May’s Hottest Festival News

Features / Festivals / Words

06 May 16


The Great Escape has been taking over Brighton for 10 years now, but this years’ festival is set to turn things up a notch further.

The festival has announced The Great Escape Street Party, which will turn Brighton’s roads into venues themselves as musicians and performance artists take to the streets.

Truck has been making waves as one of the UK’s best small festivals, but in 2016 they are reaching out, grasping for the big leagues. For the first time in the festival’s history it will become a 3 day music event. With headliners Catfish and The Bottlemen, Manic Street Preachers and Kodaline playing in the beautiful Oxford countryside.

Sort of a big brother festival to Truck is Kendal Calling, set in the Lake District, bringing a top line-up in gorgeous scenic surroundings. This year is one of the best line-ups the festival has seen; Noel Gallagher, Peter Doherty, Kelis, Rudimental and more will be landing in the lakes at the end of July. And Heaton Park will be hosting Parklife Weekender in June. A massively diverse line-up – headlined by The Chemical Brothers and Major Lazer – also features Jamie XX, Wolf Alice, Kano, Circa Waves and Diplo. All within 5 miles of Manchester’s exciting city centre.


In a parallel universe, is DJ-cum-festival organiser Rob da Bank spending this very day knocking up hasty press releases after bagging the Purple One for the Bestival lineup? In the wake of Prince’s untimely death, Da Bank has claimed he almost booked the superstar for his first set at a UK festival since 2011. The things that might have been.

The confirmations are coming thick and fast. Radio 1’s Big Weekend has just announced a raft of crowd-pleasers in the shapes of Mumford & Sons, and The Last Shadow Puppets, while Reading & Leeds have secured the services of an old fave, Frank Turner. Elsewhere, punk upstarts Slaves are at Latitude, and the Lightning Seeds doing Three Lions at T in the Park any day.

We’d always assumed their first (and only) album, Since I Left You had been titled up as some sort of epitaph, but all of a sudden it looks like The Avalanches are set to play their first live show in a decade at London’s Field Day. But there’s uncertainty elsewhere in the capital, after it’s emerged that Wireless faces a legal challenge from local residents just to go ahead. Would it not be a greater crime to deny Finsbury Park its afternoon with Craig David? Still: in these growingly uncertain times for the industry, at least we finally know which lucky organiser has made the winning bid for a speech from Jeremy Corbyn. The Leader of the Opposition is to give a speech on nuclear disarmament to Glastonbury this year.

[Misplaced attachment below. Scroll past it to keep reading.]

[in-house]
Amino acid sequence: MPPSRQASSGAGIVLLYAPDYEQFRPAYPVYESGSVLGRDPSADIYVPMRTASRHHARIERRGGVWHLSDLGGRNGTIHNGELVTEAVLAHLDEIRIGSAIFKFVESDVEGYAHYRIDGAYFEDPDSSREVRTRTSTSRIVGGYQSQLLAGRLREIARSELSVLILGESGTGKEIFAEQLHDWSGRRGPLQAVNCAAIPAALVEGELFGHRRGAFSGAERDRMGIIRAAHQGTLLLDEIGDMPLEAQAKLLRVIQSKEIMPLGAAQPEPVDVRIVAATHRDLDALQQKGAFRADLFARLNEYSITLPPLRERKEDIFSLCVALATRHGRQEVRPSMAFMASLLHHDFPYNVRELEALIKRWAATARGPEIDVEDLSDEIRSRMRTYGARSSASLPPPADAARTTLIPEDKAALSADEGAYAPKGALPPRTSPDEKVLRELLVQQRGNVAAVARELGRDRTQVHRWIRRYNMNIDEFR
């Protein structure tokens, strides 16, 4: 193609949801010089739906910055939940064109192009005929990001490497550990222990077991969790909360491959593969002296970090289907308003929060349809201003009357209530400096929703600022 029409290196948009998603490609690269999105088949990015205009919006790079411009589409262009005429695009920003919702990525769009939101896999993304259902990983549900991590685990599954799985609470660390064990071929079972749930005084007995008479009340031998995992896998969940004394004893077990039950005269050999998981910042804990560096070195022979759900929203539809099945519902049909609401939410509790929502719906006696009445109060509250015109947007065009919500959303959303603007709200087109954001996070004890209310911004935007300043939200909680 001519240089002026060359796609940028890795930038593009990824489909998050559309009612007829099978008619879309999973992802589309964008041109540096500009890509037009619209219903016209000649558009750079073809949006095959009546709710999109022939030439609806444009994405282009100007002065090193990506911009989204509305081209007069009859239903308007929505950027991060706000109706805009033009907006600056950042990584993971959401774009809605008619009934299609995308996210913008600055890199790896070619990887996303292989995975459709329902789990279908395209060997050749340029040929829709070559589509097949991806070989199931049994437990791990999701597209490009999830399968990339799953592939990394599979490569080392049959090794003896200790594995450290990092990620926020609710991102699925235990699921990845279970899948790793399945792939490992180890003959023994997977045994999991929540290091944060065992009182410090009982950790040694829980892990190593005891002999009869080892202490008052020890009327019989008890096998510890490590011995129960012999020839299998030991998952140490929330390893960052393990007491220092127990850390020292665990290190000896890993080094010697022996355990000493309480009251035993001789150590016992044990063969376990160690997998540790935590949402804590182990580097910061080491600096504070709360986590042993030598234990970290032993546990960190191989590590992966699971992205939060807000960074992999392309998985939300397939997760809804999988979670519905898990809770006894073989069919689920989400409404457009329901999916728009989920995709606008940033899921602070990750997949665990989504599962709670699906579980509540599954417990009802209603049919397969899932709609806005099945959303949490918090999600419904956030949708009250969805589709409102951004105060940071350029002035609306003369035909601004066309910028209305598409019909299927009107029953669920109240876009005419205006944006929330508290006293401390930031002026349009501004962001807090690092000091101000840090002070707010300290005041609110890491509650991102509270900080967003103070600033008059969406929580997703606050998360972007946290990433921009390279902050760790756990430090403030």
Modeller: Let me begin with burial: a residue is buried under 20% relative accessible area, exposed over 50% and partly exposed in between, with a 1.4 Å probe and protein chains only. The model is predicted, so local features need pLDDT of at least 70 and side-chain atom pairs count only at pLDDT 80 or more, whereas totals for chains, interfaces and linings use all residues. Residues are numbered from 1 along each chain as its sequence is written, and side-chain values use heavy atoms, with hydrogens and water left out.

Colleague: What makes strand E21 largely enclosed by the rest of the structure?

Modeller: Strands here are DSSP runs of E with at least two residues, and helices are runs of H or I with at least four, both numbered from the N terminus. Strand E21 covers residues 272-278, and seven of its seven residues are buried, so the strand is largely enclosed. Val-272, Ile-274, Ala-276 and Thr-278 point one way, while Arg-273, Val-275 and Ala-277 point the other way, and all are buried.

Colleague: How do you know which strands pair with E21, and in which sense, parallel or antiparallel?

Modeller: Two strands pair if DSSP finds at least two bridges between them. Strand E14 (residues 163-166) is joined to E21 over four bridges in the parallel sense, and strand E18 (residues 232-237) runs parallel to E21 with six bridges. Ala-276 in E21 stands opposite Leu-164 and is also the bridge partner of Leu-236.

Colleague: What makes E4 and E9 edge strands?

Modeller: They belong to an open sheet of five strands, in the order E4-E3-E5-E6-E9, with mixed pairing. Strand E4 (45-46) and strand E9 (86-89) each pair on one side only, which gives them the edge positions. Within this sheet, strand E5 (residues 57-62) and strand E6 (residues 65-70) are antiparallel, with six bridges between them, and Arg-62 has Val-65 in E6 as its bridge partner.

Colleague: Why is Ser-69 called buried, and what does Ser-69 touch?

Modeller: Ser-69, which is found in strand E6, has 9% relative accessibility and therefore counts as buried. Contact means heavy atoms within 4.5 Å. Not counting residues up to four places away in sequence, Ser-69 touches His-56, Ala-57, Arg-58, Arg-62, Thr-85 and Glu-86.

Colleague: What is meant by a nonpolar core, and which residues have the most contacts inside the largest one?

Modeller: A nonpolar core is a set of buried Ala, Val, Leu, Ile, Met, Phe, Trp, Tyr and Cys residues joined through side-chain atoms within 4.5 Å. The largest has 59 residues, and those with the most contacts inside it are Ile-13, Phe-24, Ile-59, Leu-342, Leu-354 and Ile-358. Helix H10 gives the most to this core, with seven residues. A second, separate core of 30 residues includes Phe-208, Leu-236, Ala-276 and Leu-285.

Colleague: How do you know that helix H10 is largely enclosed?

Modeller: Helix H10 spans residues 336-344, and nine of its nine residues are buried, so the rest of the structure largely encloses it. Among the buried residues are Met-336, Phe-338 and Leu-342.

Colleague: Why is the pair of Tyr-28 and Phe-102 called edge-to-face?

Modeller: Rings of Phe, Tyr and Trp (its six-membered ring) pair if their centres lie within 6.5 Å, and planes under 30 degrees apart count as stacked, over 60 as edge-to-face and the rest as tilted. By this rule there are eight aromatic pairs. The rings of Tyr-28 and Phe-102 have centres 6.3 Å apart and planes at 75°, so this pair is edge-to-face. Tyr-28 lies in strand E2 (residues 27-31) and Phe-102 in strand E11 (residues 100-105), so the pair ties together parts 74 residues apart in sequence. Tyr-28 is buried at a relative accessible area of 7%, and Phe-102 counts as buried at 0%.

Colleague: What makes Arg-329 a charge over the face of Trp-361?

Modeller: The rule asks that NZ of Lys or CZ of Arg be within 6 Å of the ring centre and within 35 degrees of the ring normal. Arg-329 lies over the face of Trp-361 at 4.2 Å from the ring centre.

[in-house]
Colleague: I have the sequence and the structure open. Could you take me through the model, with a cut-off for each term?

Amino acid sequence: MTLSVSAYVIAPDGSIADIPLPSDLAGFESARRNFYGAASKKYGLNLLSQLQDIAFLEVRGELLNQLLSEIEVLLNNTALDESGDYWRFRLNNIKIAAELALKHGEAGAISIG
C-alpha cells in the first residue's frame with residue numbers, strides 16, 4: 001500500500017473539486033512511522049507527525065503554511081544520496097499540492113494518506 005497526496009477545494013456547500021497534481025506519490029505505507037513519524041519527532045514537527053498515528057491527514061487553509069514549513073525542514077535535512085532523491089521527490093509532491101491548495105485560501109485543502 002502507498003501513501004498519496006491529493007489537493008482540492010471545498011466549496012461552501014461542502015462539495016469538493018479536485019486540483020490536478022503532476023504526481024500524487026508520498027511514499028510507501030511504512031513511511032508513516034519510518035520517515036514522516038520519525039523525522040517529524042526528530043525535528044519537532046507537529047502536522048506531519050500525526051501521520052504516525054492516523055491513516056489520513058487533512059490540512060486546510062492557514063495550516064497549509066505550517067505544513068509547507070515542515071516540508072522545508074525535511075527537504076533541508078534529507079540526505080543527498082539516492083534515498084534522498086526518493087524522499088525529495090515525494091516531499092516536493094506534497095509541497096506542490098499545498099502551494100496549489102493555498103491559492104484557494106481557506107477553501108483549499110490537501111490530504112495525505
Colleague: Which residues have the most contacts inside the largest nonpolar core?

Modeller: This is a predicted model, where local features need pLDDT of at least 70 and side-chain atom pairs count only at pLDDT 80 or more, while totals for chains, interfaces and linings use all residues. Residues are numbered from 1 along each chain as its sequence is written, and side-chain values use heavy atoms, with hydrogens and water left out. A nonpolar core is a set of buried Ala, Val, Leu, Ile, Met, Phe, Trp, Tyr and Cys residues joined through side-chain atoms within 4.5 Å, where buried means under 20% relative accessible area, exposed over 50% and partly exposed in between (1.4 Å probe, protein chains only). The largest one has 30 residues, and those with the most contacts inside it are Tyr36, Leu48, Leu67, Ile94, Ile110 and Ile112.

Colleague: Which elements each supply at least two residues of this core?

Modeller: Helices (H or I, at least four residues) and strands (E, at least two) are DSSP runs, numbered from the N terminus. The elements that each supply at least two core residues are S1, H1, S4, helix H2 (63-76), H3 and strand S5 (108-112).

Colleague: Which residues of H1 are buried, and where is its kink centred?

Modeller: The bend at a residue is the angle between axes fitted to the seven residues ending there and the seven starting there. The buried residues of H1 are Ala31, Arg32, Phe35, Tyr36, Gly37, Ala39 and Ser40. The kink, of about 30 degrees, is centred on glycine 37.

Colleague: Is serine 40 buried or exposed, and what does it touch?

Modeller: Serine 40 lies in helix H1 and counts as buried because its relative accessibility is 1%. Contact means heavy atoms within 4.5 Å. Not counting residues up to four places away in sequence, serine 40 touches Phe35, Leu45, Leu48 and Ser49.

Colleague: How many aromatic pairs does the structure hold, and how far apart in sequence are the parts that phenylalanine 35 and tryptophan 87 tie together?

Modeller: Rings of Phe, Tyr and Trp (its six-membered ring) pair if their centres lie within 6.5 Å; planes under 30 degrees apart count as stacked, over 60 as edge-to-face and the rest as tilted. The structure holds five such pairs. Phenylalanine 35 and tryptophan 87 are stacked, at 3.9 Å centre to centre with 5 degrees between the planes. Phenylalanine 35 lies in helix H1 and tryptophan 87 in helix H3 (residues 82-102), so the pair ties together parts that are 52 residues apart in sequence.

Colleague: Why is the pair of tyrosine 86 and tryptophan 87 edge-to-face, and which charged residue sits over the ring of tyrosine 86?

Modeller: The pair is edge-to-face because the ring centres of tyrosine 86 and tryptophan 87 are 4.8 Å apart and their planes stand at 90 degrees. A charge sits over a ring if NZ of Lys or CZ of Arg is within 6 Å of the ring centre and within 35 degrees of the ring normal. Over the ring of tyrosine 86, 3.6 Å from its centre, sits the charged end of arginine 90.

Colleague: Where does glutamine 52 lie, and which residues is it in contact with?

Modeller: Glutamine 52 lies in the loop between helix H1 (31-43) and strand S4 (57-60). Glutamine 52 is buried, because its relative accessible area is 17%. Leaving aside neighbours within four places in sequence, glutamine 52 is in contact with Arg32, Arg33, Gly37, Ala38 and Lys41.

Last month I scientifically (ahem) constructed a top ten of must-see pop acts playing festivals this summer.

That list still stands, with many festivals keeping any massive line-up news locked away for now. So that means V Festival is still number one thanks to my love for SIA (if you love pop, you’ll be head-over-heels for latest single Cheap Thrills), but the fest has other reasons to be smug: they’ve gleefully announced that headliner Rihanna (playing the Staffordshire site on Saturday 20th August, Chelmsford the next day) has just overtaken The Beatles in the US chart hall of fame: nudged over the edge by Work, she’s now spent more weeks at the top of the Billboard Hot 100 than any other act. Ever. Impressive stuff.

He’s a canny one, that Richard Branson. Hopefully he won’t be twerking atop Rihanna.

Meanwhile in America, the #FreeKesha mess got murkier at Coachella on 17 April, when she showed up during DJ/producer Zedd’s set, performing for the first time since failing to dissolve her recording contract with alleged rapist Dr Luke. Will she suddenly appear in the UK next? Or perhaps Beyoncé will escape her (alleged) cheating husband when she plays Wembley on 2 July, only to suddenly re-emerge at a nearby music festival? I think this is almost entirely likely so you’re welcome, you heard it here first.